Glossary of HIV/AIDS Related Terms
(Starting with "B")
Glossary of HIV/AIDS Related Terms, 5th Edition, AIDSinfo,
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B Lymphocytes (B
Also known as B cells. Infection-fighting white blood
cells that develop in the bone marrow and spleen. B
lymphocytes produce antibodies. In people with HIV,
the ability of B lymphocytes to do their job may be
See Also: Antibody
A type of cancer of the lymphatic tissue. People with
HIV are more prone to non-Hodgkin's and other B-cell
lymphomas, some of which are considered AIDS-defining
conditions in people with HIV.
See Also: Lymphoma
A natural or man-made substance that kills bacteria.
A natural or man-made substance that can prevent bacteria
from reproducing, but cannot actually kill existing
A microscopic organism consisting of one simple cell.
Bacteria occur naturally almost everywhere on earth,
including in soil, on skin, in the human gastrointestinal
tract, and in many foods. Some bacteria can cause disease
An initial measurement (for example, CD4 count or viral
load) made before starting treatment or therapy for
a disease or condition. In people infected with HIV,
the baseline measurement is used as a reference point
to monitor HIV infection.
An infection-fighting white blood cell that causes inflammation
in response to a micro-organism or other foreign invader.
A protein found on the surface of white blood cells.
Increased production or destruction of white blood cells
causes B2M levels in the blood to increase. This increase
is seen in people with cancers involving white blood
cells and in people with advanced HIV disease.
A yellowish substance excreted by the liver. Its measurement
can be used as an indication of the health of the liver.
Large quantities of bilirubin may cause the skin to
take on a yellow tint (jaundice), and very high levels
may cause brain damage.
Rate and extent to which a drug is absorbed and available
in the tissues of the body.
Response Modifiers (BRMs)
Natural or man-made substances that can boost, direct,
or restore immune system function.
The surgical removal and examination of an organ or
tissue to aid in diagnosis and treatment of a health
Black Box Warning
Information found at the beginning of a drug's prescribing
information, manufacturer labeling, and promotional
material. This information highlights important safety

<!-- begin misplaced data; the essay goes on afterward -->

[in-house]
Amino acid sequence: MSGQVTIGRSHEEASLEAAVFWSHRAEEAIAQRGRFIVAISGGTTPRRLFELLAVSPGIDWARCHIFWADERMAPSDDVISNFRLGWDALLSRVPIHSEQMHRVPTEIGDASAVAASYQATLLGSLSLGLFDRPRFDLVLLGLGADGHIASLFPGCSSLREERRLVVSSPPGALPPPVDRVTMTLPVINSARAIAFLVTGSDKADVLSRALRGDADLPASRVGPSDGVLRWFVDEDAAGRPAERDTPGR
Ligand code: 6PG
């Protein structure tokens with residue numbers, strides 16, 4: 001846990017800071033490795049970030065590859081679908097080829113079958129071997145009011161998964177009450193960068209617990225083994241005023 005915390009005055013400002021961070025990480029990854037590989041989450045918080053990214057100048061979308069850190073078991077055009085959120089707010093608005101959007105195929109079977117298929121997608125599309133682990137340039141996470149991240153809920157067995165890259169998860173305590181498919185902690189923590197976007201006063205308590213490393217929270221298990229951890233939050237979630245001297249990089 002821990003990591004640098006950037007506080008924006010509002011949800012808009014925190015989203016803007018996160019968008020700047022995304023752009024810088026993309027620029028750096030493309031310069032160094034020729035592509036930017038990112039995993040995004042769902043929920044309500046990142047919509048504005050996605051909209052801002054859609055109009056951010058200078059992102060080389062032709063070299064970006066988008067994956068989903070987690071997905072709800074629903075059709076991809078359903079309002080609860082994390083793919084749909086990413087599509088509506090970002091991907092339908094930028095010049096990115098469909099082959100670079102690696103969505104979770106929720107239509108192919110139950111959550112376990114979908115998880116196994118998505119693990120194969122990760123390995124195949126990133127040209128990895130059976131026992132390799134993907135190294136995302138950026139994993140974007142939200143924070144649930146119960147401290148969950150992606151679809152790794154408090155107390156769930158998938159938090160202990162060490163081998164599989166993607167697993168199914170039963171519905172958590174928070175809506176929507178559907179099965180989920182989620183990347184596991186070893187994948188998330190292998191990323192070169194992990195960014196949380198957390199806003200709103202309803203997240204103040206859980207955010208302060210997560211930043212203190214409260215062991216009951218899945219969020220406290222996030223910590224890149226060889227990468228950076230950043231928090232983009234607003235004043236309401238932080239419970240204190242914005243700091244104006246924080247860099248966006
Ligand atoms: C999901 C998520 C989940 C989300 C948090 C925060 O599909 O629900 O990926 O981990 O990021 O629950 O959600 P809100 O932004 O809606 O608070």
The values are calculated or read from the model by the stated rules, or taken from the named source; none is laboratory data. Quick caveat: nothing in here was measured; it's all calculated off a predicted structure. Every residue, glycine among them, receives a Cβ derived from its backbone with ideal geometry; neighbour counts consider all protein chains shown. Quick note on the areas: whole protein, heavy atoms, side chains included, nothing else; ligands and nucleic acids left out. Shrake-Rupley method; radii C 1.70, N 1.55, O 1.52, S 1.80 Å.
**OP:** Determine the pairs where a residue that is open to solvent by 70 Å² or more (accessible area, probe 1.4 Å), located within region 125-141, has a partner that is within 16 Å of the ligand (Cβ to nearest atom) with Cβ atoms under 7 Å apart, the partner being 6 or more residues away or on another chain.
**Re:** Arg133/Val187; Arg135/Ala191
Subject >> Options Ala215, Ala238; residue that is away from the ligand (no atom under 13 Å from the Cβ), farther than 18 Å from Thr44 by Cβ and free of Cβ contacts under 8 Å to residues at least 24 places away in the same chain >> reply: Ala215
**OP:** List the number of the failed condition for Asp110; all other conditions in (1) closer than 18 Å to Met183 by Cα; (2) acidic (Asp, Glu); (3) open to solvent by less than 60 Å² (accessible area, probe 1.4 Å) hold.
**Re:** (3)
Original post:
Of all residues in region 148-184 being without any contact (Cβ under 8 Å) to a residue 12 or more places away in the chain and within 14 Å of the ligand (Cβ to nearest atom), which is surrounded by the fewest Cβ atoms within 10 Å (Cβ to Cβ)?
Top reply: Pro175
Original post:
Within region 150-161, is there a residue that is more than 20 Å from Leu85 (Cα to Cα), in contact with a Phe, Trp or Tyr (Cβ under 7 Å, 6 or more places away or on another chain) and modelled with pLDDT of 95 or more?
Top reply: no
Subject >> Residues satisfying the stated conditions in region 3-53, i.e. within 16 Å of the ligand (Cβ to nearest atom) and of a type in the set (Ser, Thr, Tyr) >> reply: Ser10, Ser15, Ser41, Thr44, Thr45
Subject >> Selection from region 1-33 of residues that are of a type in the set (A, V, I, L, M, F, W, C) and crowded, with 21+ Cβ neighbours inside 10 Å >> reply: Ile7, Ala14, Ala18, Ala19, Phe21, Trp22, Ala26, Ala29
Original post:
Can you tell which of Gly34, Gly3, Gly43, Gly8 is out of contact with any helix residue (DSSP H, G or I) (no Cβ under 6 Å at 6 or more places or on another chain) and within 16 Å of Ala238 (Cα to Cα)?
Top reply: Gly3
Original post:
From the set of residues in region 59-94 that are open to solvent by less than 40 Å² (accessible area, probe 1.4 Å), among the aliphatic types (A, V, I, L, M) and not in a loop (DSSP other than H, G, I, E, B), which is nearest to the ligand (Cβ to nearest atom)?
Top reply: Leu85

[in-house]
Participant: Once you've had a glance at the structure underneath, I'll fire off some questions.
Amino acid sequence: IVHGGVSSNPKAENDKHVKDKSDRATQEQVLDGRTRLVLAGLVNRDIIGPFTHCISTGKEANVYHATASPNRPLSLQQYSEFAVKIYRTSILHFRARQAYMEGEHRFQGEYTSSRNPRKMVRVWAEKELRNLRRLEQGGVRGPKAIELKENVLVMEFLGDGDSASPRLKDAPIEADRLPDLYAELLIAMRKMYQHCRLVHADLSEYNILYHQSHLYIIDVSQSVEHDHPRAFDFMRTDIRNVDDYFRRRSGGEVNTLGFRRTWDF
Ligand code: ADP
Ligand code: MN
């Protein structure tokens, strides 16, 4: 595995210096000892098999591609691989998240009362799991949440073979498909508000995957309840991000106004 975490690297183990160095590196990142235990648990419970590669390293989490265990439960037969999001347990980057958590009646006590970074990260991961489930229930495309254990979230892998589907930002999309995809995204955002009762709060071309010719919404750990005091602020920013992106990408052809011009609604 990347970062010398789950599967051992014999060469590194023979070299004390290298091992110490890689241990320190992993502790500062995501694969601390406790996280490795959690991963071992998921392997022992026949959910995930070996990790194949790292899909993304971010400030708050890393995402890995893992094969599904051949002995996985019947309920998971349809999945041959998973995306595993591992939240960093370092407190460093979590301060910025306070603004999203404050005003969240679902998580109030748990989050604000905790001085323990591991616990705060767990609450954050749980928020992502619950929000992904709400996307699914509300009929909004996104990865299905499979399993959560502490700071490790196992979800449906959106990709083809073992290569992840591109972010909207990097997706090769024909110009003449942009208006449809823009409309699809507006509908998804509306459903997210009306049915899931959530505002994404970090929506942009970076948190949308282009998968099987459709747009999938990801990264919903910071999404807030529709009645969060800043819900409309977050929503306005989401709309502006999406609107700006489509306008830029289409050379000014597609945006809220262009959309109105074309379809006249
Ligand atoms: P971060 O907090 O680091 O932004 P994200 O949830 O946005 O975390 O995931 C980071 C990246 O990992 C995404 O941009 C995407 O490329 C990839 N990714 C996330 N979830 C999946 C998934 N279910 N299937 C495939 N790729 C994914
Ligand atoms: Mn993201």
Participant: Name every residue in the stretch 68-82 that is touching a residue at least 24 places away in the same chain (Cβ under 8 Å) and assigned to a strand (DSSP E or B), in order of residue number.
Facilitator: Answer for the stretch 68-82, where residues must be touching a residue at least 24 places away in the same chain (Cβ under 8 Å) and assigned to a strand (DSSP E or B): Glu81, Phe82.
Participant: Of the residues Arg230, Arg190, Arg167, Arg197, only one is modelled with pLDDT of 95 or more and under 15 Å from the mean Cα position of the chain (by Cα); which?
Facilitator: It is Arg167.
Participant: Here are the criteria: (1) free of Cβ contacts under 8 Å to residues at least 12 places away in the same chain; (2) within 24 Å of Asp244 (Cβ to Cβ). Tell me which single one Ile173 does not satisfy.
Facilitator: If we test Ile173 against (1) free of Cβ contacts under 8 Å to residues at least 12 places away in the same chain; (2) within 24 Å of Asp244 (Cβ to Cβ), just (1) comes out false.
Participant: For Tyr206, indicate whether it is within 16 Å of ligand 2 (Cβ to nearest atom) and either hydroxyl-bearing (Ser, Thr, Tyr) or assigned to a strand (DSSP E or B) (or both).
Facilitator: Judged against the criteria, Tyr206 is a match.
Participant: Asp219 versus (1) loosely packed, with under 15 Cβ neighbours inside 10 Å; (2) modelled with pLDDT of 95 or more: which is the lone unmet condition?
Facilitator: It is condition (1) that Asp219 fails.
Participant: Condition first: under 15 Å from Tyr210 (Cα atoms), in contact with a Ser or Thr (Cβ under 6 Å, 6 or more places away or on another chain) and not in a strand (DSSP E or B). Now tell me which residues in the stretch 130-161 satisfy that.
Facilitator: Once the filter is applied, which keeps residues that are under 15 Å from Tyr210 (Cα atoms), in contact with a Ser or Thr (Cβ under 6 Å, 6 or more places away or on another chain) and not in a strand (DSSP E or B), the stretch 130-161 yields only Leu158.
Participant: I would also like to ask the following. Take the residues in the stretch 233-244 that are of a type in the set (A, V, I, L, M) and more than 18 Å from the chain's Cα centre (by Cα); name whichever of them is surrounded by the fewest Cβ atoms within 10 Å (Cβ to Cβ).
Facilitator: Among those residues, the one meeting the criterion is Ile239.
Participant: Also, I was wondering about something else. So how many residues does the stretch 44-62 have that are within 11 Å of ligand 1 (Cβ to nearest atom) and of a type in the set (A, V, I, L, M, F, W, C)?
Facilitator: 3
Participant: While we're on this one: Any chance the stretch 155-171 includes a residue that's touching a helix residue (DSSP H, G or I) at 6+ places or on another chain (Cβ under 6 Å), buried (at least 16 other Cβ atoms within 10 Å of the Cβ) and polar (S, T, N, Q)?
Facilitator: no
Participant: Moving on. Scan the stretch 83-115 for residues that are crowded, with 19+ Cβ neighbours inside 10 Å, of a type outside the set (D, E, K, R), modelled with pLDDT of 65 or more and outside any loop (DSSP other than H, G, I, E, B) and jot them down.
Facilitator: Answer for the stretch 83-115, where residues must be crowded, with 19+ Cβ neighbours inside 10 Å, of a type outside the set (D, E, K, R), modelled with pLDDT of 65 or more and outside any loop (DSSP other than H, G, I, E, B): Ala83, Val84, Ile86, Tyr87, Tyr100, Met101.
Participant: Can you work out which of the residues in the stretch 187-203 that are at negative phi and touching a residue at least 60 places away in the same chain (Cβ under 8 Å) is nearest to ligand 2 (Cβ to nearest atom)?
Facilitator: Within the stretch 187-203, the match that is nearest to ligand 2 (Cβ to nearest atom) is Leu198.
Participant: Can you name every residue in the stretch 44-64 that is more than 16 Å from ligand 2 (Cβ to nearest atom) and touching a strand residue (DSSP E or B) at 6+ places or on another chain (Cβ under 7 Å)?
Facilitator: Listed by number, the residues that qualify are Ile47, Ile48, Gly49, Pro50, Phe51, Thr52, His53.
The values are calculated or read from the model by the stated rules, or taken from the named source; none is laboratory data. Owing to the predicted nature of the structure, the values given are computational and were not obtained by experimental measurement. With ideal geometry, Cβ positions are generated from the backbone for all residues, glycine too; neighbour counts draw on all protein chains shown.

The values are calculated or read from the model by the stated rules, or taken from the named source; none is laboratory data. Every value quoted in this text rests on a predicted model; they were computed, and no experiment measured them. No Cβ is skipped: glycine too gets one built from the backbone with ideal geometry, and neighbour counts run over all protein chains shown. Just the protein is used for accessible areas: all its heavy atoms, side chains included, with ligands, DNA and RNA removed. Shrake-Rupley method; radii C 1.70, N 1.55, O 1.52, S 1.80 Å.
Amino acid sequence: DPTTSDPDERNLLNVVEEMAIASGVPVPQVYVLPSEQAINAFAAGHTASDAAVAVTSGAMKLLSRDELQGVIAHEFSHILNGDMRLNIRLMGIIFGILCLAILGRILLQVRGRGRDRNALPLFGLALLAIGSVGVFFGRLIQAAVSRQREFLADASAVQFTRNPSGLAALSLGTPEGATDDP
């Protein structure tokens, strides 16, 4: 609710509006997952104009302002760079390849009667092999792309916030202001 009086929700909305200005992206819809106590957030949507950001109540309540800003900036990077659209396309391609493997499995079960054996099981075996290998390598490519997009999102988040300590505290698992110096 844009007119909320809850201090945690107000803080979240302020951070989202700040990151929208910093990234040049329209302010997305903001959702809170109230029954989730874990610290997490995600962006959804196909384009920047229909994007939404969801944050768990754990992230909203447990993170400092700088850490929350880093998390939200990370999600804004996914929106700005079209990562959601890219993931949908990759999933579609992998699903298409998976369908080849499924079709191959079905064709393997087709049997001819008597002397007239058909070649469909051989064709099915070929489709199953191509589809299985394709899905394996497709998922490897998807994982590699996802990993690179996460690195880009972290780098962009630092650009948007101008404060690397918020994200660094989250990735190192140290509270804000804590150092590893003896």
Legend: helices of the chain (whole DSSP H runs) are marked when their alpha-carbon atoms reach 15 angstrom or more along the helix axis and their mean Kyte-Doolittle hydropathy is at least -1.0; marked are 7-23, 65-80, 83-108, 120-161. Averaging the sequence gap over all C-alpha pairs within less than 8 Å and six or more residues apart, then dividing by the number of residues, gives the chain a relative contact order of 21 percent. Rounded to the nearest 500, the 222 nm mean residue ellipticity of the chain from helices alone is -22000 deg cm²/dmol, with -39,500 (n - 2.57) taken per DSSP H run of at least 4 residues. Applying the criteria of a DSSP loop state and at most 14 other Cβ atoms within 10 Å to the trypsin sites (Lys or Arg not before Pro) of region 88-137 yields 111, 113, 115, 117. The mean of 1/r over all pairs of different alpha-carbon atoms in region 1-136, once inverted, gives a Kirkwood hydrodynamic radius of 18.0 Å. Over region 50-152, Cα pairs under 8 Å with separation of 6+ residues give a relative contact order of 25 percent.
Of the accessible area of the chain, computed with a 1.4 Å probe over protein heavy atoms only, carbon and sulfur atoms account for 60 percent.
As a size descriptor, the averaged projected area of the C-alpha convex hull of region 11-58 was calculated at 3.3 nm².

information, such as serious side effects, drug interactions,
or use restrictions. The black box warning is one of
the strongest warnings issued by the Food and Drug Administration
(FDA), and is reserved for drugs with significant risks
or monitoring requirements.
A temporary increase in viral load in someone who previously
had undetectable virus and who later returns to having
undetectable virus. The viral load during a blip is
usually low (50 to 500 copies/mL).
See Also: Undetectable
A selective obstacle between circulating blood and brain
tissues that prevents damaging substances from reaching
the brain. Certain substances easily cross the blood-brain
barrier; others are completely blocked.
Body Habitus Changes
Abnormal changes in the body's physical characteristics.
See Also: Wasting
Bone Marrow Suppression
Damage to the bone marrow stem cells that produce new
blood cells. Suppression of the bone marrow may be caused
by drugs, toxic chemicals, or radiation.
An additional dose or doses of a vaccine taken after
the initial dose to enhance the immune response to the
vaccine. Also used as a term to describe a medicine
given to enhance another medicine, such as using ritonavir
(RTV) as a "booster" for other PIs.
DNA Assay (bDNA Assay)
A test that measures a person's viral load (level of
HIV RNA in the blood) to identify HIV infection and
monitor disease progression and treatment effectiveness.
Results are reported as number of HIV RNA copies per
mL of blood. bDNA assay is an alternative to measuring
viral load by reverse transcriptase-polymerase chain
See Also: Reverse
Transcriptase-Polymerase Chain Reaction
Visual examination of the bronchial passages of the
lungs using an endoscope (a curved, flexible tube containing
fibers that carry light down the tube and project an
enlarged image of the bronchial passages onto a viewing
screen). Can also be used for extraction of material
from the lungs.
The final step in the HIV life cycle, when an individual
virus pushes out ("buds") from the host cell,
stealing part of the cell's outer envelope and freeing
itself to attach to and infect another host cell.
Also know as small noncleaved cell lymphoma. A type
of non-Hodgkin's B-cell lymphoma that occurs more frequently
in immunocompromised people, such as those infected
See Also: Non-Hodgkin's
Twice a day dosing instructions.
Chain DNA Assay
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